Source: The Economist
“Um”, “uh”, “mm-hmm” and interruption are not killers of conversation, but its lubricants
MARGARET THATCHER was known for a voice that brooked no disagreement. While still in opposition, she had taken elocution lessons to sound more forceful. Despite this, she was often interrupted in interviews as prime minister, and in 1982, three researchers set out to understand why. They played clips from one of her interviews to a variety of people. The clips included segments that ended in interruption (while editing out the interruptions themselves). More often than not, those hearing the interrupted phrases thought that the prime minister was ending her conversational turn. It seems her interviewer had come to a similar conclusion.
Why? Conversation, it turns out, is a finely tuned machine, as Nick Enfield, a linguist at the University of Sydney, suggests in “How We Talk”. Humans mostly follow a rule called “no gap, no overlap”, reacting to the end of a conversational turn by beginning their own in about 200 milliseconds—about the time it takes a sprinter to respond to the starting gun. This is all the more remarkable given that it takes about 600 milliseconds for someone to work out what they are going to say by mentally retrieving the words and organising how they are to be expressed.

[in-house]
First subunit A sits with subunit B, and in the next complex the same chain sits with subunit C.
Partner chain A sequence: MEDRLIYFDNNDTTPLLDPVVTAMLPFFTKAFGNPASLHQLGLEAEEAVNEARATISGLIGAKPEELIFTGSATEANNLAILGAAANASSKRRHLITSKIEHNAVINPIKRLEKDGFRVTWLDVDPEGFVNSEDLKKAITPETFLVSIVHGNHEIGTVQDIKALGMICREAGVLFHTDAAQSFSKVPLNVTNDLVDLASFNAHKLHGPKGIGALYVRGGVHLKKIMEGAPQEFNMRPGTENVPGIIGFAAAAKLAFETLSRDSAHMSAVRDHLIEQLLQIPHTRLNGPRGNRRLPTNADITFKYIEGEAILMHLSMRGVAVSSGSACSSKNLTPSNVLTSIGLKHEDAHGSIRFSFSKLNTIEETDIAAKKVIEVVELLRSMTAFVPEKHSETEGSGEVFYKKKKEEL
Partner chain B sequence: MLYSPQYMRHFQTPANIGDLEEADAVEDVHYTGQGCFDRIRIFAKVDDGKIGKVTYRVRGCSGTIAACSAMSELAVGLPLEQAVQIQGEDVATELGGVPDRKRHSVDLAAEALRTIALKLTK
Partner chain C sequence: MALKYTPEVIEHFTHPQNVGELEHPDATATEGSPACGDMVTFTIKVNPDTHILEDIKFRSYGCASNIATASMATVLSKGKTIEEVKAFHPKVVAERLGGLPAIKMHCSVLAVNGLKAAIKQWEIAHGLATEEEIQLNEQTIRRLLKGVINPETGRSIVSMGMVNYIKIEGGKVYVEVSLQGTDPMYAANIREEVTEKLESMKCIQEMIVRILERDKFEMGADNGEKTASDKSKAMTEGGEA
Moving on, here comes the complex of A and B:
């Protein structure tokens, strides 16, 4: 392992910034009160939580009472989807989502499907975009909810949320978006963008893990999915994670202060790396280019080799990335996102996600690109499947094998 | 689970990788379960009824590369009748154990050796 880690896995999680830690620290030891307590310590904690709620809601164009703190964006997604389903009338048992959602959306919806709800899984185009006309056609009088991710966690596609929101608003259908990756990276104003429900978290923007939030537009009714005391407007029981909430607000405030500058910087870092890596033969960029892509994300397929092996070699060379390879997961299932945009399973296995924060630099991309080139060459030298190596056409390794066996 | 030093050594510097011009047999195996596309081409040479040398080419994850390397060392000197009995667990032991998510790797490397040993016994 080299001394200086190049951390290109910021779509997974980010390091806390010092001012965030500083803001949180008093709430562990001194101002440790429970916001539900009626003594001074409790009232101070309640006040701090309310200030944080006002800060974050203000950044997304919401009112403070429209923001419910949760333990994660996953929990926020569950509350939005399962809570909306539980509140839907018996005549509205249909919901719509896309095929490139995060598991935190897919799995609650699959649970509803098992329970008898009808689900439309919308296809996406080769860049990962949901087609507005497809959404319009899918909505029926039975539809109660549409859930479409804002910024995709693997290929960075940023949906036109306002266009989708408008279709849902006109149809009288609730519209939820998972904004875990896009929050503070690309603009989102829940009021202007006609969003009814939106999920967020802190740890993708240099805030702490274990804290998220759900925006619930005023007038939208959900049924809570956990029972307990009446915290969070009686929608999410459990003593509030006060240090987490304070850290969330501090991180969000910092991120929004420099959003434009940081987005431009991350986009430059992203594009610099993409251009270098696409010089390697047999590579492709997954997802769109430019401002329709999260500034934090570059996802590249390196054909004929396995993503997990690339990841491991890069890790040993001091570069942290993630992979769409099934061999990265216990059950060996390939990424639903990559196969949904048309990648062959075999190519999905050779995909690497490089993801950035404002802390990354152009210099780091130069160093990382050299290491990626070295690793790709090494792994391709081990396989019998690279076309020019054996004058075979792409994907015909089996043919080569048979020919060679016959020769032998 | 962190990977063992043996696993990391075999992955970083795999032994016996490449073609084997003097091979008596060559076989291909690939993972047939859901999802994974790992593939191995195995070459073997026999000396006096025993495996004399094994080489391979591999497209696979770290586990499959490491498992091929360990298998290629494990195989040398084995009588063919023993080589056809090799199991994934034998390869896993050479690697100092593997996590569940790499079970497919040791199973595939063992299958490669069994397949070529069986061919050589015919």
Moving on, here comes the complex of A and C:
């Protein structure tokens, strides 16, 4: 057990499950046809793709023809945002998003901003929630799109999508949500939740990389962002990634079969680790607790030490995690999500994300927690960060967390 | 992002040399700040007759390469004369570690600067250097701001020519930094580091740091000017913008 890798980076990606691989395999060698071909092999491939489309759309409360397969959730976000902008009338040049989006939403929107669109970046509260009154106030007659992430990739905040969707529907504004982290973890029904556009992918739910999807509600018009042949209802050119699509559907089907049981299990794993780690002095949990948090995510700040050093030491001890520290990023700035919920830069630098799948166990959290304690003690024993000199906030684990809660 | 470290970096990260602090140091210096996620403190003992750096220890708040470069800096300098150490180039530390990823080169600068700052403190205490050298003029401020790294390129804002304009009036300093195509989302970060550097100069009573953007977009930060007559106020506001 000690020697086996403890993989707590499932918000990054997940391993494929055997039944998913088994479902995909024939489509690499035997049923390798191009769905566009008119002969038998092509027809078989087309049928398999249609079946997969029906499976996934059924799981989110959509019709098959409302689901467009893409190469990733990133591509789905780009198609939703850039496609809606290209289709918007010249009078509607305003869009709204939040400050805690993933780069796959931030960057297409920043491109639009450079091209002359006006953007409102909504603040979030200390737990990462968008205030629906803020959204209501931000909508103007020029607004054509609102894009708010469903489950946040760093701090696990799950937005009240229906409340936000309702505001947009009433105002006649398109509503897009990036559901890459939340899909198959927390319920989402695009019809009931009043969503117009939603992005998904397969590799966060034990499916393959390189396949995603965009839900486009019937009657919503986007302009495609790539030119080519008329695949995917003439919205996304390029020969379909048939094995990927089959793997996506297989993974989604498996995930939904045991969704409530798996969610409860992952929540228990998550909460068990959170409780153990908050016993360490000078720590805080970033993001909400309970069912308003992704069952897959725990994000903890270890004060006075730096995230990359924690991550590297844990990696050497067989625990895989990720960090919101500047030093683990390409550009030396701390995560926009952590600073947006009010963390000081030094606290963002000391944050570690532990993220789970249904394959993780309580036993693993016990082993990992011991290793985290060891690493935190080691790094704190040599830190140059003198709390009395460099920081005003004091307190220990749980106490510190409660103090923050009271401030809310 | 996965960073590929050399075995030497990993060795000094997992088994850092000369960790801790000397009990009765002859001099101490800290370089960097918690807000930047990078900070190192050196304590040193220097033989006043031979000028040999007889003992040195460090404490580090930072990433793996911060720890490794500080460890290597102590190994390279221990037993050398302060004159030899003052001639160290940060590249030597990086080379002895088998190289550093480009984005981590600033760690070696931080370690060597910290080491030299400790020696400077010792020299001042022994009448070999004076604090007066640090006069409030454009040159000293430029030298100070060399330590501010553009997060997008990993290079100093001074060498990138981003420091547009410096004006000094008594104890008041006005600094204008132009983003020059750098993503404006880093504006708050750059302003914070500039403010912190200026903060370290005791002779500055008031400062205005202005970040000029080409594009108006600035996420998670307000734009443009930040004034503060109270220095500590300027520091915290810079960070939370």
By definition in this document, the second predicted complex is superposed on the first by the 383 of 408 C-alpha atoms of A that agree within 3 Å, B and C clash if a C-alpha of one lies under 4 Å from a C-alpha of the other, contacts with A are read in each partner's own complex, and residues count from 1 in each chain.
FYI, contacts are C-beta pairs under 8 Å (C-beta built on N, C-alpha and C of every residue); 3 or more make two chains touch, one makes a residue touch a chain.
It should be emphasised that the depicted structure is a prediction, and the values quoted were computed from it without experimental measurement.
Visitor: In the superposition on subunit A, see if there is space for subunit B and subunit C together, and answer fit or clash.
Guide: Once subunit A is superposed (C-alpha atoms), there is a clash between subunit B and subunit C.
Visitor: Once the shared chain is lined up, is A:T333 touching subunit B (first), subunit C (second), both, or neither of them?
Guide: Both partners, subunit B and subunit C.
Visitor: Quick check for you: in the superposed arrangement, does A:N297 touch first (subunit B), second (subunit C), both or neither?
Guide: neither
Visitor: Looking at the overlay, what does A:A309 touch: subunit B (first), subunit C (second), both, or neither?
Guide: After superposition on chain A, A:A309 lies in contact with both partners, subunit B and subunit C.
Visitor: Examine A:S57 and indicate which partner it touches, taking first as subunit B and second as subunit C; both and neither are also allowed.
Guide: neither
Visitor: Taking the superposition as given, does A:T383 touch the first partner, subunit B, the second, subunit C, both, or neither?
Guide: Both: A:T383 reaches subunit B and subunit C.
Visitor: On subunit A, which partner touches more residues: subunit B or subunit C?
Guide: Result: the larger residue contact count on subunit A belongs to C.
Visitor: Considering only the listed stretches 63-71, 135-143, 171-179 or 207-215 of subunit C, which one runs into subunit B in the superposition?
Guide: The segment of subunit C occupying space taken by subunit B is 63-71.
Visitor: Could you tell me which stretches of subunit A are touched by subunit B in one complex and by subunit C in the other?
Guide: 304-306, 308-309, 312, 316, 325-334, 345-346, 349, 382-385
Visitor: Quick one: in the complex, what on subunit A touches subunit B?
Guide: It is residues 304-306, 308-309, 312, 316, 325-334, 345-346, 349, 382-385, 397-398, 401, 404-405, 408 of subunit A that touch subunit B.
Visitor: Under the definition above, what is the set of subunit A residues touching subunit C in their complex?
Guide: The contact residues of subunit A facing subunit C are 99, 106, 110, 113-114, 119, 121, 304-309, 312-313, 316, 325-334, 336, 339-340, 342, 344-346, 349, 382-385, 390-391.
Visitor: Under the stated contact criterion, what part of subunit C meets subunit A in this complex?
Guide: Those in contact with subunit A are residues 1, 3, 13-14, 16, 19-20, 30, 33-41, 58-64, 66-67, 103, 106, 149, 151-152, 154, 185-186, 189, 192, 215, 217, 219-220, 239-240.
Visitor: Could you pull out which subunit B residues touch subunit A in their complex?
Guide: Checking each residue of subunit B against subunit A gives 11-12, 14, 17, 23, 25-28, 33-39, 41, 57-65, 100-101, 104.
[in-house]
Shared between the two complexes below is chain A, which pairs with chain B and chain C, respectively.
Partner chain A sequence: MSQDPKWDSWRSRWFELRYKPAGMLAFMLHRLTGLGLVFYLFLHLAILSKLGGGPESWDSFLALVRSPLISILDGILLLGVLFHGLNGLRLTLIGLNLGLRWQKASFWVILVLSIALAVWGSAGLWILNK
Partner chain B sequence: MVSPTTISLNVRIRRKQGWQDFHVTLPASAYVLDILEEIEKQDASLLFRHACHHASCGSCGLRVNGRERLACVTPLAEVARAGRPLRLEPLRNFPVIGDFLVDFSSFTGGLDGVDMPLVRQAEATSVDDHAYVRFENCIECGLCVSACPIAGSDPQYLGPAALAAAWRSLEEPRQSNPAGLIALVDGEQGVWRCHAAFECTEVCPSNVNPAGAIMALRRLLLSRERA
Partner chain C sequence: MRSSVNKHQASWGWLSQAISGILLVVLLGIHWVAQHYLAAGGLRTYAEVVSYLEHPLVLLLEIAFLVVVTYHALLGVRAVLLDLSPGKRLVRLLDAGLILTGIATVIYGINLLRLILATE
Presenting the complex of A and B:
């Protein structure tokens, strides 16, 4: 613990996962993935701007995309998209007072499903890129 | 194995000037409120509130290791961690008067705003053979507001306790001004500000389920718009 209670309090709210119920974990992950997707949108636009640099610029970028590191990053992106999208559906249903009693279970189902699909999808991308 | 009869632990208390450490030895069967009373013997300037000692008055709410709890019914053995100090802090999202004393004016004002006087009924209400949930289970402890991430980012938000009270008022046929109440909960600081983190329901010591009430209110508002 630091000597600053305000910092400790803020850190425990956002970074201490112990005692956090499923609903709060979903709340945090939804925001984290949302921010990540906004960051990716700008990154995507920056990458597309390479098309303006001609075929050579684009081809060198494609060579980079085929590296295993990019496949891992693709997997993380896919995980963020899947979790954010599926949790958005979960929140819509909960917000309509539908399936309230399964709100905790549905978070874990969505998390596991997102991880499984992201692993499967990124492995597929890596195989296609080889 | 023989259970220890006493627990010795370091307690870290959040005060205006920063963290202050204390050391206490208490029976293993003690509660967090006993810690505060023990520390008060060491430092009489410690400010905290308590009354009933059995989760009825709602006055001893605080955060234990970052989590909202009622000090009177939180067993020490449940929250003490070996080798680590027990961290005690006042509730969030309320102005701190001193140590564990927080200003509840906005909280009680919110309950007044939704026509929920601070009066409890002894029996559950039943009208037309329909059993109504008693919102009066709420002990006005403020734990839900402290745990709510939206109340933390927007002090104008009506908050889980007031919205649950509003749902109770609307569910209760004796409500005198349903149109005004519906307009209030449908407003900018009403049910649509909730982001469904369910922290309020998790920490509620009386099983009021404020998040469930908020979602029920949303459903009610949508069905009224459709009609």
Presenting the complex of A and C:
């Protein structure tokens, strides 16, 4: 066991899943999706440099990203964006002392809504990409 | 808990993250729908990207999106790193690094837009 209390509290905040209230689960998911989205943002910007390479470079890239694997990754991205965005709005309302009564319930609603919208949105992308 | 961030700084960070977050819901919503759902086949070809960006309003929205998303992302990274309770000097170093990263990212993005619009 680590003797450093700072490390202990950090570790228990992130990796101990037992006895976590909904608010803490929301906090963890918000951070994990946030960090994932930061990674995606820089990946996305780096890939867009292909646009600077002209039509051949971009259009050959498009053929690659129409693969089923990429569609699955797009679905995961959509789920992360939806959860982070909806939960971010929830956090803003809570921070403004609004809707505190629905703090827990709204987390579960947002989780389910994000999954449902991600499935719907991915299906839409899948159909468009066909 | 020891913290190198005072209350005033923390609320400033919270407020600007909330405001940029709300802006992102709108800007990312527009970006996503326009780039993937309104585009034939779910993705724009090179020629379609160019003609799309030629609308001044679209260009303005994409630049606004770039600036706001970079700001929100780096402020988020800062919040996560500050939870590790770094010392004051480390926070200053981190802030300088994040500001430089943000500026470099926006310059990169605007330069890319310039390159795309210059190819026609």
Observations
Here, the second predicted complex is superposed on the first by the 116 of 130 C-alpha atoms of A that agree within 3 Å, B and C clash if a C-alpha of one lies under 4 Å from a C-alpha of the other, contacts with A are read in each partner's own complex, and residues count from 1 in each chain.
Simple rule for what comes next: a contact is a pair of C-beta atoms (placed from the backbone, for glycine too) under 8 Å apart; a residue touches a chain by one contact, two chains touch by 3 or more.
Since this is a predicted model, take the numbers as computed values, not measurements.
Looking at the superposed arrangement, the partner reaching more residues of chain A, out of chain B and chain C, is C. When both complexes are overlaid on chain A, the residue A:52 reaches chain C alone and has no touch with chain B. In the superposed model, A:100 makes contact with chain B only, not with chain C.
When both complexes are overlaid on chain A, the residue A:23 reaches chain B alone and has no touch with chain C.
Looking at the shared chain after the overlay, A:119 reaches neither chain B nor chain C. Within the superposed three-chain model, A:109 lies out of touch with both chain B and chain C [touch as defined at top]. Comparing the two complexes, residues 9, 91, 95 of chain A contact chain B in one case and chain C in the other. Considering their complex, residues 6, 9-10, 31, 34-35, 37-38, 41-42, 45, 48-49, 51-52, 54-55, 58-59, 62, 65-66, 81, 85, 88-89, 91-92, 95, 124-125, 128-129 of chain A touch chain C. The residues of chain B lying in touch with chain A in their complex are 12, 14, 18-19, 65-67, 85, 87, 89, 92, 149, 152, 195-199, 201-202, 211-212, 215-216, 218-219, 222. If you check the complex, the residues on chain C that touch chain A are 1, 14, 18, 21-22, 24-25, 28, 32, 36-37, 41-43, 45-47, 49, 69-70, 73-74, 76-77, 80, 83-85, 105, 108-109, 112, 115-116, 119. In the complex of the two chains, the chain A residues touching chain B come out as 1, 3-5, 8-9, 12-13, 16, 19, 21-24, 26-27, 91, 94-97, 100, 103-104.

People, therefore, must plan to begin speaking before their conversation partner has stopped. That requires a fine attention to the cues signalling the end of a turn, such as a lengthening of syllables and a drop in pitch. As it happens, using a downward shift of pitch is also a frequent piece of advice given to those who want to sound more authoritative—like Thatcher. The researchers studying the times she was interrupted found precisely that a sharp drop in her pitch accurately predicted an interruption. Read the rest of this entry »